The album itself is considered to be an inflection point in John's career with the albums coming before it more conventional (or structured) and the ones including this one and the ones that follow more free. I could go on talking about the album at length, but since this is a short blog, but let me just say a little bit about the band and then get directly to the music. John, who played tenor saxophone on this work, was assisted by a very strong cast which included wind from such greats as Freddie Hubbard on trumpet and both Pharoah Sanders and Archie Shepp also on tenor saxophones. The rhythm section was John's standard section of McCoy Tyner at the piano, Jimmy Garrison on bass and Elvin Jones on the drums.

Here's John with "Ascension" (Edition II):


Last Updated on Thursday, 18 August 2016 13:37
 

On this day in jazz (June 27)

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On this day in 1981, Miles Davis played live for the first time in almost five years at the Kix Club in Boston. Part of the music played on this day would be released on the live album We Want Miles which also includes music from a performance at Avery Fisher Hall (New York) on July 5, and in Tokyo on October 4. Although the album wasn't officially released in the US, it can be found as part of the box set The Perfect Miles Davis Collection. Despite not being released in the US, it actually won the 1982 Grammy Award for Best Jazz Instrumental Performance by a Soloist. The album in its original form clocks in at around 80 minutes--the original vinyl was four sides long. However, in all that music, there are only six songs played.

The personnel assisting Miles were Bill Evans on soprano saxophone, Mike Stern on electric guitar, Marcus Miller on bass guitar, Al Foster on the drums and Mino Cinelu with additional percussion. Yes, I said Bill Evans on soprano saxophone and not piano. That is because this is a different Bill Evans than the one that recorded with Miles in the late 1950s. That Bill Evans died in 1980 at the age of 51 from complications from chronic hepatitis. This Bill Evans was born in 1958 in Chicago suburb Claredon Hills and graduated from Hinsdale High School.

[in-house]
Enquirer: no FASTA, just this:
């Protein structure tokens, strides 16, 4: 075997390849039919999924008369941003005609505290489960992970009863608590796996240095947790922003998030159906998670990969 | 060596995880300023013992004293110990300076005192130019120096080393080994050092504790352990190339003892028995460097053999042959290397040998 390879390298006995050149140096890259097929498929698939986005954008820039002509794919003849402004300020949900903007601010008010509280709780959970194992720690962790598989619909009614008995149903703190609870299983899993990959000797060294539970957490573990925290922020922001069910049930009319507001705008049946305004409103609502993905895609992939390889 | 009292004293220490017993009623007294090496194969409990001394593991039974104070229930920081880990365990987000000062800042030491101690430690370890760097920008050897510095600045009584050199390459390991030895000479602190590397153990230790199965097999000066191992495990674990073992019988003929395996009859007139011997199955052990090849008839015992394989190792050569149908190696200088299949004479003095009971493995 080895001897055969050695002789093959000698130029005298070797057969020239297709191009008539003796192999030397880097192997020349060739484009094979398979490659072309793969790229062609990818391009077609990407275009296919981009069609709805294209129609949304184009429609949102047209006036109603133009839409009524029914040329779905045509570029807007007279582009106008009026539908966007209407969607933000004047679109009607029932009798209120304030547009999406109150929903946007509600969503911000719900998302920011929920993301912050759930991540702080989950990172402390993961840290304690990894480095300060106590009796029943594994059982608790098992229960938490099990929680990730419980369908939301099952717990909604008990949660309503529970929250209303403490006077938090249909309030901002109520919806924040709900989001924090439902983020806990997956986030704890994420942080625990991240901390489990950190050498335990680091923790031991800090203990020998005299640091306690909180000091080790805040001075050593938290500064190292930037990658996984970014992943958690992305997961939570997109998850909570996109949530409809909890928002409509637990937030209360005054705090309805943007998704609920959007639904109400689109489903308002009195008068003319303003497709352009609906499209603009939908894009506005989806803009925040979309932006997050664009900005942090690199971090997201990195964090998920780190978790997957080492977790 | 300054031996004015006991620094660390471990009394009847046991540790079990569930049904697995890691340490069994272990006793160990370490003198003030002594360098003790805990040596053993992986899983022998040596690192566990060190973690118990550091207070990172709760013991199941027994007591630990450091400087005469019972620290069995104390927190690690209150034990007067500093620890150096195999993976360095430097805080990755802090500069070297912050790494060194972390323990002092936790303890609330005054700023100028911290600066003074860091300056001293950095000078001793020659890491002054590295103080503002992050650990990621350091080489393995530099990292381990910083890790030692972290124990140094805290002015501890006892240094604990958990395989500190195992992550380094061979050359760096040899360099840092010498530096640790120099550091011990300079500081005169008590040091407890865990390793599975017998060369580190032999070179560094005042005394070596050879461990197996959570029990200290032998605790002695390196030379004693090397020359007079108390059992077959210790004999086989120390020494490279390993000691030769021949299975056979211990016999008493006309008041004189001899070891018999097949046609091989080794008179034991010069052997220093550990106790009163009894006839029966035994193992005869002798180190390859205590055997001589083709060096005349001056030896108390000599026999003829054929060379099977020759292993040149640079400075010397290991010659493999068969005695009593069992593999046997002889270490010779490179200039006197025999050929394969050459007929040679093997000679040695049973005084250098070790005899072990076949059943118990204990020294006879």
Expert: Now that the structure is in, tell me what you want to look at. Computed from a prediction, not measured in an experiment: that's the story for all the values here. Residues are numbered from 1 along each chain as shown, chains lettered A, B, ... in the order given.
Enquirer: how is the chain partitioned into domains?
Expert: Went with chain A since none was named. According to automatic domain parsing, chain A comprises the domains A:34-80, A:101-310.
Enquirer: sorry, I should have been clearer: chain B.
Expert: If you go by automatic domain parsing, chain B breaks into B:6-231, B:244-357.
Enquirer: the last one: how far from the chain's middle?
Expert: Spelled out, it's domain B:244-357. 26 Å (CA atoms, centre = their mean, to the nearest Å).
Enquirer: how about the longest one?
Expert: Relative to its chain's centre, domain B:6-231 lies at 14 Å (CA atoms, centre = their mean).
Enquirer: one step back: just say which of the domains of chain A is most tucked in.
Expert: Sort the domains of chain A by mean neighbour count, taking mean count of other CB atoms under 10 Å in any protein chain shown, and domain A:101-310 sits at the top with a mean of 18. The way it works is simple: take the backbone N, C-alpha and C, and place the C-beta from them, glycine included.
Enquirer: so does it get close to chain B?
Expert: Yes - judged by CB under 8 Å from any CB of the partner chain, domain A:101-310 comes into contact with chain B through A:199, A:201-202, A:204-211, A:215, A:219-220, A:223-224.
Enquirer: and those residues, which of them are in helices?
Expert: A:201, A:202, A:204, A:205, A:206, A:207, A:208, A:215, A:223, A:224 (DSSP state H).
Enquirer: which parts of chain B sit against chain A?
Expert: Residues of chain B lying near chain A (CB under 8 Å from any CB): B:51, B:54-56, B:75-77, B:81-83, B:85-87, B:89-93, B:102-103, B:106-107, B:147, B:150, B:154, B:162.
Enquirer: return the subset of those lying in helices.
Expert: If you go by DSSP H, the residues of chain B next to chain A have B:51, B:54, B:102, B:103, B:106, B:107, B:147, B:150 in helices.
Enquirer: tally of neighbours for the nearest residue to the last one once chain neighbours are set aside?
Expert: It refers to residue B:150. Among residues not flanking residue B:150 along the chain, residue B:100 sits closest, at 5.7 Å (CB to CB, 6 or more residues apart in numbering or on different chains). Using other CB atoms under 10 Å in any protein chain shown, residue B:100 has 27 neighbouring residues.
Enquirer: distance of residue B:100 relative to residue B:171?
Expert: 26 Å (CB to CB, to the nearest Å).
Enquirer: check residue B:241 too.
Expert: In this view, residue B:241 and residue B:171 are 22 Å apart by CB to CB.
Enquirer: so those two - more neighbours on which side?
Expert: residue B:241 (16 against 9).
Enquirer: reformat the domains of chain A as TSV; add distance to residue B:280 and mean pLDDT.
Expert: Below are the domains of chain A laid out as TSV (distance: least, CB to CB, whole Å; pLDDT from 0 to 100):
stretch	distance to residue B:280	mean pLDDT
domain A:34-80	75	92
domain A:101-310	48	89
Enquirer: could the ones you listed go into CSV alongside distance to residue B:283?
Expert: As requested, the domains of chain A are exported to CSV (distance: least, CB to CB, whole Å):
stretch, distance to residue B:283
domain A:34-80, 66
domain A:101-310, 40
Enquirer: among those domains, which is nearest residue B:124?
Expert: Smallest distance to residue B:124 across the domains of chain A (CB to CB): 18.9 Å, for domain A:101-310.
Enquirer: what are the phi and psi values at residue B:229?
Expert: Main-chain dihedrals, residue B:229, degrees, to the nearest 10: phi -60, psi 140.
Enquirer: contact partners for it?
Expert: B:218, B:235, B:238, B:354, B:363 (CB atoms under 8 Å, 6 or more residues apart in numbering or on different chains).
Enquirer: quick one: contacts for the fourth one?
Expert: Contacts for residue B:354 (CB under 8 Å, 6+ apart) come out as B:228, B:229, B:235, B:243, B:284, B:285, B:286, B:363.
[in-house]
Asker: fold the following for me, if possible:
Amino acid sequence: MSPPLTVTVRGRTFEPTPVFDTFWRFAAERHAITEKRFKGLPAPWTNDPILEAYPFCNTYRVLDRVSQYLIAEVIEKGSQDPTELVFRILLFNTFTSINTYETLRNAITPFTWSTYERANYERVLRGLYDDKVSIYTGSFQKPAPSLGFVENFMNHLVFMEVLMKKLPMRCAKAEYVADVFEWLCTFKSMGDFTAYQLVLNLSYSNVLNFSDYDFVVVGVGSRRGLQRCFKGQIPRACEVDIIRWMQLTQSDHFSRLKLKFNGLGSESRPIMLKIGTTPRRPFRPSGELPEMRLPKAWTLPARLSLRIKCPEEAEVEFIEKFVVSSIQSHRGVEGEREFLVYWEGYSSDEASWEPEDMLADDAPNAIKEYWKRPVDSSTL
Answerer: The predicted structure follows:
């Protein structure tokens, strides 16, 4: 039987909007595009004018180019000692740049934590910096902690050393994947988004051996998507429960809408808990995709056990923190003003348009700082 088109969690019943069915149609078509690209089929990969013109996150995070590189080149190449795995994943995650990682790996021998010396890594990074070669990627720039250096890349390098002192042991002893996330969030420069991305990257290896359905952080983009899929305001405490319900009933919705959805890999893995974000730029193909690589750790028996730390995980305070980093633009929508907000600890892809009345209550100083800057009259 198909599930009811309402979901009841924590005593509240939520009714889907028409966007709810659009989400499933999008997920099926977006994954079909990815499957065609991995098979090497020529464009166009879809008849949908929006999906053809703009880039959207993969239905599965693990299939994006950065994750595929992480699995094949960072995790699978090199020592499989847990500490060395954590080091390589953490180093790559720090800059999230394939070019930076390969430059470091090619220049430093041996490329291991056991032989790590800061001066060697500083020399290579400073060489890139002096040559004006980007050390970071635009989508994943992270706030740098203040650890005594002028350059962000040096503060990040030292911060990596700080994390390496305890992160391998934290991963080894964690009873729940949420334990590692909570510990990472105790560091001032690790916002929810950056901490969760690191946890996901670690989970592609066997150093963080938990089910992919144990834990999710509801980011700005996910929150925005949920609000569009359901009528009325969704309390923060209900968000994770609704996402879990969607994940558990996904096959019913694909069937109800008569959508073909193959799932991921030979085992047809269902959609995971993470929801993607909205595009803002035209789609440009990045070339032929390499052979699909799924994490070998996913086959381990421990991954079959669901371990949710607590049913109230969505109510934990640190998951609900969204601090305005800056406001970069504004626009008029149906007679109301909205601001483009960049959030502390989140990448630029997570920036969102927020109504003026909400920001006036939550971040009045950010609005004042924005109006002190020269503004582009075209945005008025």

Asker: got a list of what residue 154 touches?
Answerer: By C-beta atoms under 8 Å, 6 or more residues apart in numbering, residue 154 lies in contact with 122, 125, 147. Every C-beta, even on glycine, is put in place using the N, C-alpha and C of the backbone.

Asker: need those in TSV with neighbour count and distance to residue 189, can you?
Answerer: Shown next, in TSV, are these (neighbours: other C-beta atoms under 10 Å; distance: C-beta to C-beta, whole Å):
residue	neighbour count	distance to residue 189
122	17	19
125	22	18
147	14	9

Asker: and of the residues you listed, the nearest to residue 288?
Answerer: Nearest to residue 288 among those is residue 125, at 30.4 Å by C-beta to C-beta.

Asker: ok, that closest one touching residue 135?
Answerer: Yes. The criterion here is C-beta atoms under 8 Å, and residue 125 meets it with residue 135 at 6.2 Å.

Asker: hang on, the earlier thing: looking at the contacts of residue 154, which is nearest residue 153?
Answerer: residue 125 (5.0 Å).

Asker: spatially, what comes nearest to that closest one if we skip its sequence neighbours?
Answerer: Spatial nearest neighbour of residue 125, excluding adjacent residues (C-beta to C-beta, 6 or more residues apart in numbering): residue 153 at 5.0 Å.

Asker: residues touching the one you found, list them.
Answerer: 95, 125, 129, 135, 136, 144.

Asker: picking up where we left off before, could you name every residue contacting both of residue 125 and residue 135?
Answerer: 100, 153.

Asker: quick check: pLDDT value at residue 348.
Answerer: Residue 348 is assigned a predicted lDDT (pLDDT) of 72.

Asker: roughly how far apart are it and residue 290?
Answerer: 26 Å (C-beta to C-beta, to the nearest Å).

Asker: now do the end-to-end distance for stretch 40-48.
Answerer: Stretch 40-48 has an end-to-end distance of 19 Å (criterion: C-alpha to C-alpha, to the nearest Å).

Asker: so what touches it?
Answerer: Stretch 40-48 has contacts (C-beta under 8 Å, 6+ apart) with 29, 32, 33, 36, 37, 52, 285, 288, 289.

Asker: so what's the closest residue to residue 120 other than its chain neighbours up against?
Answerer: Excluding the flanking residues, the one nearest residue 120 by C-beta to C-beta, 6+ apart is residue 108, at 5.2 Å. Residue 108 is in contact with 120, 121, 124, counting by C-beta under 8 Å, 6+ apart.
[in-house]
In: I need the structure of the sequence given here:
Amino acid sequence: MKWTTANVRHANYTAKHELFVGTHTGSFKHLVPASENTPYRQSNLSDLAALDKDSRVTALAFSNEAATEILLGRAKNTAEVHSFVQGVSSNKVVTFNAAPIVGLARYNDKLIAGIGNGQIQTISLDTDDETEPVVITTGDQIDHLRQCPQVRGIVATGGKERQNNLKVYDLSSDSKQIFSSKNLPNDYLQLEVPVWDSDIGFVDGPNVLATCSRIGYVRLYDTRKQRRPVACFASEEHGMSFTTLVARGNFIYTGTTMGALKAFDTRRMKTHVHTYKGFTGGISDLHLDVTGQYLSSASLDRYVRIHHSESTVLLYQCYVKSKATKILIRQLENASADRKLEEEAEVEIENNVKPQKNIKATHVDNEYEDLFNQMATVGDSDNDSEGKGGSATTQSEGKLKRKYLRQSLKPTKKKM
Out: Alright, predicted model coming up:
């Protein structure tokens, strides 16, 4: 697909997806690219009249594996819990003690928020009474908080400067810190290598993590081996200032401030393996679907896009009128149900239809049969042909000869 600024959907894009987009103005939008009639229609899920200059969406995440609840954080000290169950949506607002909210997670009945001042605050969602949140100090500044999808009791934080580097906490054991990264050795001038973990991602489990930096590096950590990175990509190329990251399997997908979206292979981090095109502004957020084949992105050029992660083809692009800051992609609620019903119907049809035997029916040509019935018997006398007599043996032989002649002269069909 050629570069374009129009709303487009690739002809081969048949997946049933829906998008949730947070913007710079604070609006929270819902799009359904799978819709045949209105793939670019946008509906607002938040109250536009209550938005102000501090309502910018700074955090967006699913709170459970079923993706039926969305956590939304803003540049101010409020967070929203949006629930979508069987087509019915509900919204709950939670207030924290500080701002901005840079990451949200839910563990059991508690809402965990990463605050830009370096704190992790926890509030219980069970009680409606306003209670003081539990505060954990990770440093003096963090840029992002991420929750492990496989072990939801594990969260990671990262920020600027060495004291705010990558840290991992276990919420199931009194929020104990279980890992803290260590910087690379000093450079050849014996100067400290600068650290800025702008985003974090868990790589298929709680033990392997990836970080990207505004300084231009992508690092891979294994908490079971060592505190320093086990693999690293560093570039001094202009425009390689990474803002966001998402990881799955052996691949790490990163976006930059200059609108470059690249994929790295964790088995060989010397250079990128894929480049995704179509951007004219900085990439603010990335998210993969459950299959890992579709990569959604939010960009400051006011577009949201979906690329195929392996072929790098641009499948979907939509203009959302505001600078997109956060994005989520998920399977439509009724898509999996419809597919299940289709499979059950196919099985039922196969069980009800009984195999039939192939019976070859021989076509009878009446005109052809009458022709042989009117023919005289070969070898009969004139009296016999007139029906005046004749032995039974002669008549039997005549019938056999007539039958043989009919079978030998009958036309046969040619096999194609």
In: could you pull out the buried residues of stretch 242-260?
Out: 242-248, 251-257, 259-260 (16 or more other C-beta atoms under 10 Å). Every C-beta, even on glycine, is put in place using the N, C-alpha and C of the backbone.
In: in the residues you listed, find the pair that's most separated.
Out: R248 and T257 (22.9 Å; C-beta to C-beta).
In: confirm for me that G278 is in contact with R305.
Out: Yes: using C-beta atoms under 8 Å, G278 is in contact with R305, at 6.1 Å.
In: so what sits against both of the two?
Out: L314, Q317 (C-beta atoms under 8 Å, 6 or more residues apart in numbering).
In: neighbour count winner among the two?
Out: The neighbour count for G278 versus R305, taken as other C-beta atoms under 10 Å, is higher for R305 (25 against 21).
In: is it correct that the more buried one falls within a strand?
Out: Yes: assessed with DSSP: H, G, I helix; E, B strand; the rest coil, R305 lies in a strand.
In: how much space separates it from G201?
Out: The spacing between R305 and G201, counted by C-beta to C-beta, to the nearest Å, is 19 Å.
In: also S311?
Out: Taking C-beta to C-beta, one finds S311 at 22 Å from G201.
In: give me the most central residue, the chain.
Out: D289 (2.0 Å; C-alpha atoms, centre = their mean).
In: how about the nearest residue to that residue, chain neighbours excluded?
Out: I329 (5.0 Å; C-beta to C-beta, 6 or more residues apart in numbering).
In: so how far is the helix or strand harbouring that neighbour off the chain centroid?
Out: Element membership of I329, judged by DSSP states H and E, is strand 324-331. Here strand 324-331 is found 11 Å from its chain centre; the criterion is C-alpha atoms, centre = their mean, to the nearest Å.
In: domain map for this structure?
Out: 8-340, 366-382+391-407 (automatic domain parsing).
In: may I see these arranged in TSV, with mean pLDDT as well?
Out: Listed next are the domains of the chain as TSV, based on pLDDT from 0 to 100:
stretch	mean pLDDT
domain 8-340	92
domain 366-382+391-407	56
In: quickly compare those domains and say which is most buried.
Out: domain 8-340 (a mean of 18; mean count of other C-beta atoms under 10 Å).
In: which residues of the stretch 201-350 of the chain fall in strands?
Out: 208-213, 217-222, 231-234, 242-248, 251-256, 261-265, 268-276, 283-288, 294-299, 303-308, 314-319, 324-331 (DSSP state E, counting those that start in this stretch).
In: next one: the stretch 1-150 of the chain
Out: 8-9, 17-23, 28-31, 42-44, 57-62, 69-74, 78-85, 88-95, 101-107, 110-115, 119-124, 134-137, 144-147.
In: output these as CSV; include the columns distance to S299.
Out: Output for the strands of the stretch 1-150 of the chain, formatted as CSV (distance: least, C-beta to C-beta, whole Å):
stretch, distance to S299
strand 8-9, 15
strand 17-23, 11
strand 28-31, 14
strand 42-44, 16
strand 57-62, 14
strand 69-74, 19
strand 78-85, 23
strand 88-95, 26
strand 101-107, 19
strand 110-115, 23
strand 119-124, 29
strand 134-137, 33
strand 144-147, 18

Here's Miles with "Back Seat Betty":

Track listing:

 

  1. "Jean-Pierre" – 10:30
  2. "Back Seat Betty" – 8:10
  3. "Fast Track" – 15:10
  4. "Jean-Pierre" – 4:00
  5. "My Man's Gone Now" (DuBose Heyward, George Gershwin) – 20:12
  6. "Kix" – 18:45

 

Last Updated on Thursday, 18 August 2016 13:36
 

On this day in jazz (June 26)

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On this day in 1967, guitarist Wes Montgomery finished recording the album A Day In the Life. The album was a very successful one, reaching #1 on Billboard's Jazz album chart, #2 on the R&B chart, and #13 on the Billboard 200 chart. Additionally, the song "Windy" reached #44 on the singles chart. Although Wes is definitely a great jazz guitarist, this album almost slides into the realm of muzak. Assisting Wes on the album were a cast of over 25 musicians, mostly playing strings, but also included were jazz greats Herbie Hancock on piano and Ron Carter on bass.

The song "A Day In the Life" is, of course, Lennon & McCartney's song from Sgt. Peppers Lonely Hearts Club Band which had been released on June 1, 1967.

Here's Wes with "A Day In the Life":

Track listing:

 

  1. "A Day in the Life" John Lennon, Paul McCartney 5:45
  2. "Watch What Happens" Jacques Demy, Norman Gimbel, Michel Legrand 2:43
  3. "When a Man Loves a Woman" Calvin Lewis, Andrew Wright 2:52
  4. "California Nights" Marvin Hamlisch, Howard Liebling 2:29
  5. "Angel" Wes Montgomery 2:46
  6. "Eleanor Rigby" Lennon, McCartney 3:04
  7. "Willow Weep for Me" Ann Ronell 4:31
  8. "Windy" Ruthann Friedman 2:20
  9. "Trust in Me" Milton Ager, Jean Schwartz, Ned Wever 4:25
  10. "The Joker" Leslie Bricusse, Anthony Newley 3:26

 

Last Updated on Thursday, 18 August 2016 13:36